1. Skip to content
  2. Skip to main menu
  3. Skip to more DW sites

Touchy Feely

DW staff (jg)June 15, 2008

Germany's interior minister has called for more transparency in the European Union, following Ireland's rejection of the EU reform treaty. One of his proposals is the direct election of the European Commission president.

Which way now for Europe?

Germany's interior minister Wolfgang Schaeuble has called for more transparency in the European Union, following Ireland's rejection of the EU reform treaty. One of his proposals is the direct election of the European Commission president.

Wolfgang Schaeuble believes the Irish no camp's 53.4 to 46.6 percent victory in Thursday's referendum was a result of the EU's remoteness from the people. He said the bloc had to become understandable for everyone.

"People don't like some aspects of the politics in Brussels because it is not sufficiently transparent," Schaeuble told the German newspaper Welt am Sonntag.

Direct elections for the top job

Wolfgang Schaeuble
Wolfgang Schaeble does not have a reputation as a defender of civil rightsImage: picture-alliance/ dpa

Schaeuble, who generally has more of a reputation in Germany for circumscribing rather than increasing civil rights, suggested the introduction of direct voting for the post of European Commission president, a post currently filled by Jose Manuel Barroso, would be one way of bringing the EU closer to the people. "I would be in favor of us voting one day in a European election for the President of the European President, the leading person in Europe in the future."

But the CDU politician also warned against placing too much importance on the outcome of the Irish vote on the Lisbon Treaty, designed to make decision-making in the enlarged 27-member bloc more streamlined and more democratic. "Of course we have to take the Irish referendum seriously. But a few million Irish cannot decide on behalf of 495 million Europeans," he said.

Schaeuble said that EU heads of state and government would now have to find a solution to the crisis at the summit next weekend in Brussels and stated his confidence for the future. "I am quite sure that we have a clear majority in favor of the continuation of the process of European unificiation."

The German government, along with France and the European commission, has called for the ratification process to be continued despite Ireland's no-vote. Speaking during a visit to China on Saturday, German foreign minister Frank-Walter Steinmeier (SPD) expressed his hope that "Ireland would clear the way for a while for the process of continued integration of the 26 other states."

A cyclist passes by a 'YES' for Lisbon Treaty bus and a 'NO' for Lisbon truck in Dublin,
The Yes camp had initially been expected to win in IrelandImage: picture-alliance/ dpa

Steinmeier also expressed his personal disappointment at the outcome of Thursday's poll. Germany helped to save the Lisbon Treaty from extinction during its EU presidency last year. "We worked day and night and over the weekend to create a difficult compromise," he said.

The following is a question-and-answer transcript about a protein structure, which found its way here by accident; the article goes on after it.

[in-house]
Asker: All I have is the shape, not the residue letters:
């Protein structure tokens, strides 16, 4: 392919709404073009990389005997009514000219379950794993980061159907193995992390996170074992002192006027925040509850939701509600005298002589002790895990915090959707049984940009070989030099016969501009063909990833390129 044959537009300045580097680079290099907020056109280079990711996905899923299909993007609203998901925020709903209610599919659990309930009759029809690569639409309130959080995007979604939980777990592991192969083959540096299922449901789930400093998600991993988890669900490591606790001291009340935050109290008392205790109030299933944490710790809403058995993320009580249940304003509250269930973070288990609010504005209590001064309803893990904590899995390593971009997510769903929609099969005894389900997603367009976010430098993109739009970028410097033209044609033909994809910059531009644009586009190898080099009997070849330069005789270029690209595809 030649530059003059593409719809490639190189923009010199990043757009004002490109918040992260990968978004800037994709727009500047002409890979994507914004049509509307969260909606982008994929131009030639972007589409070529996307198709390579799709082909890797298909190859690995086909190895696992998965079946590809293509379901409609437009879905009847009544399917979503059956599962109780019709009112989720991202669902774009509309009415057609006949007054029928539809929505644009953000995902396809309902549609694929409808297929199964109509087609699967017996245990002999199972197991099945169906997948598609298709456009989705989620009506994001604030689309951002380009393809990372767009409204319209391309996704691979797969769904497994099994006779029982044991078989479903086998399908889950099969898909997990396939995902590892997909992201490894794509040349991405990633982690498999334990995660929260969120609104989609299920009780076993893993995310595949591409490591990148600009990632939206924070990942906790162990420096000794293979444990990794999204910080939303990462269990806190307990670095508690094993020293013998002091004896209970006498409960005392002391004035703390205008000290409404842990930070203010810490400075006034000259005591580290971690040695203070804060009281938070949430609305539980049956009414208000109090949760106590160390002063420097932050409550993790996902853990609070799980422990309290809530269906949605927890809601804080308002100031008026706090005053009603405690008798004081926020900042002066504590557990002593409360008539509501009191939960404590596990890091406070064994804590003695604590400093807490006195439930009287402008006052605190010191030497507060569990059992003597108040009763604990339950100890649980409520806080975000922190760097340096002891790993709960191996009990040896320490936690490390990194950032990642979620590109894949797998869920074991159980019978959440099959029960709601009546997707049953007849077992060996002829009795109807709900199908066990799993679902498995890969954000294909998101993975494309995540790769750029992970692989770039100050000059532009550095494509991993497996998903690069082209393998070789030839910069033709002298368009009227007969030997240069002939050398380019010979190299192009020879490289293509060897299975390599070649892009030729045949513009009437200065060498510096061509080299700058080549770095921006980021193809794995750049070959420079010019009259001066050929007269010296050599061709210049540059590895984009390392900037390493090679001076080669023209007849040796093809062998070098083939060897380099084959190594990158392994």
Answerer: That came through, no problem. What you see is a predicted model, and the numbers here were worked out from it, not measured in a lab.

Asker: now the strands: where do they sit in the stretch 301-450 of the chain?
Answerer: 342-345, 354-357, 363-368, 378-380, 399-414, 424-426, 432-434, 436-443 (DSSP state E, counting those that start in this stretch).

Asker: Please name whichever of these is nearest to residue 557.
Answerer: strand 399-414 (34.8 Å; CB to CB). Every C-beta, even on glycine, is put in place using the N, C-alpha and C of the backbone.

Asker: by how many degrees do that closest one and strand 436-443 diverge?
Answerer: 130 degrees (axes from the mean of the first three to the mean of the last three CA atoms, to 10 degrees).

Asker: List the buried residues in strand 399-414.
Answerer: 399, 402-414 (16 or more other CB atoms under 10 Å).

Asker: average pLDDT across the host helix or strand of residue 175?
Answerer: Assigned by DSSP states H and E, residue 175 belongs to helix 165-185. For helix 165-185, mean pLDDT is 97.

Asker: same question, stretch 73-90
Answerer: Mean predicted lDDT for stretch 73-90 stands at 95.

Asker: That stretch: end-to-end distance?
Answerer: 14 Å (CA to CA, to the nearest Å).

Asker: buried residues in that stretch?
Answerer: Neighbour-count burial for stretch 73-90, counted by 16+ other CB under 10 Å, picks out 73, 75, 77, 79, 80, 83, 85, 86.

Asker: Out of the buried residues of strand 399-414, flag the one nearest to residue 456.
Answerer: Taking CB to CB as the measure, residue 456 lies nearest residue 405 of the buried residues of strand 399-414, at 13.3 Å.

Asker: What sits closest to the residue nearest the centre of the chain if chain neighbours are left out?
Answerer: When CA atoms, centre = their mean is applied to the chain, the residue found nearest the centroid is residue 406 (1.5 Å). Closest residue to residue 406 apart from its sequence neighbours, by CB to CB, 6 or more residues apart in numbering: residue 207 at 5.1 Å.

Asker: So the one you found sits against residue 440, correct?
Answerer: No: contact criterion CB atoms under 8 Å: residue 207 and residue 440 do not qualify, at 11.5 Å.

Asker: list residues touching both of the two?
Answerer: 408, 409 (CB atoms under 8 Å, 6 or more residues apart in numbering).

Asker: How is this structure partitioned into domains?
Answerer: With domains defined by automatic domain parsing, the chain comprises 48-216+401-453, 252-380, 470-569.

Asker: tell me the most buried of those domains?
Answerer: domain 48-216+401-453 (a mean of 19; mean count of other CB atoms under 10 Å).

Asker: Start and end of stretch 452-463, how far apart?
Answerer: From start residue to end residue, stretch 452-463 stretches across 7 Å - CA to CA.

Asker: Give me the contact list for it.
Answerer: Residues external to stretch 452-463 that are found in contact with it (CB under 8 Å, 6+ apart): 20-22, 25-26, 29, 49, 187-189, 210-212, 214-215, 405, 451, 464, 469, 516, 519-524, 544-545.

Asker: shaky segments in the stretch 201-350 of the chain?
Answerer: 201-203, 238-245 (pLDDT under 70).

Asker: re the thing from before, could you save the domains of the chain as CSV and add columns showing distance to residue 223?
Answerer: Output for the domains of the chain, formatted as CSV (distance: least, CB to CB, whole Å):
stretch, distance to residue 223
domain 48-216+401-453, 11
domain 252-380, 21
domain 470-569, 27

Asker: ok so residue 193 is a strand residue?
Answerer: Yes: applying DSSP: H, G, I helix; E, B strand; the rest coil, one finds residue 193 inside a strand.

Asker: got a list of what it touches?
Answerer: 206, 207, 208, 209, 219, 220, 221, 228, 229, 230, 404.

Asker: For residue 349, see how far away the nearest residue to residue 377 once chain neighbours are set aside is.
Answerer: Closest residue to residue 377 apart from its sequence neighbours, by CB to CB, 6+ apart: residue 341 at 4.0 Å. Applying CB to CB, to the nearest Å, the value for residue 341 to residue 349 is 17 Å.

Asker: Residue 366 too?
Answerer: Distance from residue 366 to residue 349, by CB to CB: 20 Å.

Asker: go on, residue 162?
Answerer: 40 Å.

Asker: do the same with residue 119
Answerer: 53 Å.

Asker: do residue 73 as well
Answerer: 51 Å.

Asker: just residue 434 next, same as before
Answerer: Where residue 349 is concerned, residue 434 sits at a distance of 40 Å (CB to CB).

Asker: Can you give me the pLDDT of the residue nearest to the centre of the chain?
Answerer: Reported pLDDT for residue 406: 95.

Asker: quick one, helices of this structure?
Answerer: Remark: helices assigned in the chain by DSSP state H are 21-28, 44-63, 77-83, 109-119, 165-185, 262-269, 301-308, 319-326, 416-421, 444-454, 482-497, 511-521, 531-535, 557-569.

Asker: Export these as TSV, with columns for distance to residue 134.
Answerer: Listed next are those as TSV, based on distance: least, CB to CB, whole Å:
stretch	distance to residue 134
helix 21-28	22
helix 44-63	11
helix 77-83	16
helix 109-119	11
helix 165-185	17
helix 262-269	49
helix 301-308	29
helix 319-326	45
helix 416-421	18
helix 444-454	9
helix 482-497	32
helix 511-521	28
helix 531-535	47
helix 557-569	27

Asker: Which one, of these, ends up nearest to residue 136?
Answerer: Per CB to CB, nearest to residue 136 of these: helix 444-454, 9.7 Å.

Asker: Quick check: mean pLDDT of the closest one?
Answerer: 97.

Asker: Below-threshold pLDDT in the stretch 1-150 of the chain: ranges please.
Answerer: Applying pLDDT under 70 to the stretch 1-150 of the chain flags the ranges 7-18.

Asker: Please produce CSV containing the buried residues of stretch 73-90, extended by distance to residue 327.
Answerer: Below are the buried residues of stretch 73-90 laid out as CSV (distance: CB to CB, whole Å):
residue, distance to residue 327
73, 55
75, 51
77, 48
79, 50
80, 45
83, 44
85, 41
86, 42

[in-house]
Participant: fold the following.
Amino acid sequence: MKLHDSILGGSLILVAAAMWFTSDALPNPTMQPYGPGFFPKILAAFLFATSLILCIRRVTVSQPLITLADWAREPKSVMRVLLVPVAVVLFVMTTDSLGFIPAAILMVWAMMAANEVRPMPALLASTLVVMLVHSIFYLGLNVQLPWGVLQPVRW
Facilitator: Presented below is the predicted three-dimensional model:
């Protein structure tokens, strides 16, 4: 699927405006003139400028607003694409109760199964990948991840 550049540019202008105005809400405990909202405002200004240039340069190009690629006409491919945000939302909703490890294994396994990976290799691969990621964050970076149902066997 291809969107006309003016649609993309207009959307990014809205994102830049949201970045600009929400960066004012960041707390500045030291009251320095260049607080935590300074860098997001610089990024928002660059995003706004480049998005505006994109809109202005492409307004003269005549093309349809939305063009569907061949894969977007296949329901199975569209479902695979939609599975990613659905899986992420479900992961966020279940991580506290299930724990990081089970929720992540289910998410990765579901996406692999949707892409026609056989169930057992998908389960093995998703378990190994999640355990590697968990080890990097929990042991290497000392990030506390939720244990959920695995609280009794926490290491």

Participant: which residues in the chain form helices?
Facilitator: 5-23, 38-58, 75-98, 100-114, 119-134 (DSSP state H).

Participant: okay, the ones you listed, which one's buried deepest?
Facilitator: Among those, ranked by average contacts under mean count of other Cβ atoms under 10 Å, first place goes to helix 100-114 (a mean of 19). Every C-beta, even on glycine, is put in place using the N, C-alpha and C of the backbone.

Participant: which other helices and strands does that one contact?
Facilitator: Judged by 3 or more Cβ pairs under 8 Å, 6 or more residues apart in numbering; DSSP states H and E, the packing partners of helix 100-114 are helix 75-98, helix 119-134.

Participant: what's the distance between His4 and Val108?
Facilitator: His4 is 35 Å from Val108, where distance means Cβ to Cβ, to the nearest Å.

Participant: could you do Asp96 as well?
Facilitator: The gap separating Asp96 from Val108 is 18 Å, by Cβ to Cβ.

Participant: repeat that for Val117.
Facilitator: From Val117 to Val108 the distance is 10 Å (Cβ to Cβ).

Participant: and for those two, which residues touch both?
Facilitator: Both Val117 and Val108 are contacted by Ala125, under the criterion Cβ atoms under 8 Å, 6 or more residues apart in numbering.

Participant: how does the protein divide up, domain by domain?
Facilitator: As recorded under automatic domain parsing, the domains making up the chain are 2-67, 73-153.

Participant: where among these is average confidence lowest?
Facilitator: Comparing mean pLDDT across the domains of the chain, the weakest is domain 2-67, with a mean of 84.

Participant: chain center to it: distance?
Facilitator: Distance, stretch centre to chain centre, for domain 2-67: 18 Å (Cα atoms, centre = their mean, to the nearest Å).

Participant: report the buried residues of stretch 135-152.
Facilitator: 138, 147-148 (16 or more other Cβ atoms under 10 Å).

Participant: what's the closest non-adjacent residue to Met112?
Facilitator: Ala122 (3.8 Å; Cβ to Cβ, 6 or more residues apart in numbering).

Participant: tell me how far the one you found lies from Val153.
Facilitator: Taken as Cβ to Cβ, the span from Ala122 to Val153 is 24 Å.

But he also acknowledged that it was not possible to ban EU referenda in individual member states. Ireland is the only one of the 27 EU countries whose electorate was given the chance to vote on the Treaty.

The globalization critics Attac criticized the plans to decouple Ireland from the ratification process, saying it showed the EU was not concerned about the will of its citizens.

No campaigners looking further afield

Libertas leader Declan Ganley walks beside his campaign bus in Dublin, Ireland
Declan Ganley is planning to spread the word in mainland EuropeImage: picture-alliance/ dpa

Meanwhile, an Irish businessman who runs the lobby group Libertas, which was part of the rather motley Irish "no" camp, is now considering taking the anti-Lisbon message to the mainland. Without giving any further details, Declan Ganley said he would visit Europe to see if he could build some kind of "pan-European organization."

The president of the European parliament, Hans-Gert Poettering, has called for the process of EU enlargement to be temporarily stopped. The CDU politician said there should for a while be no further accessions with the exception perhaps of Croatia.

He also raised the idea of a two-speed Europe again, a concept called for by Schaeuble as early as 1994. "We need a debate about the future of Europe. The idea of a Europe of two speeds, in which a core group of members moves ahead, will play a role."

But Poettering also stressed he would prefer all EU countries "to travel down the path towards a common future together." He also called upon Ireland to come to next weekend's summit with some suggestions about how to resolve the situation.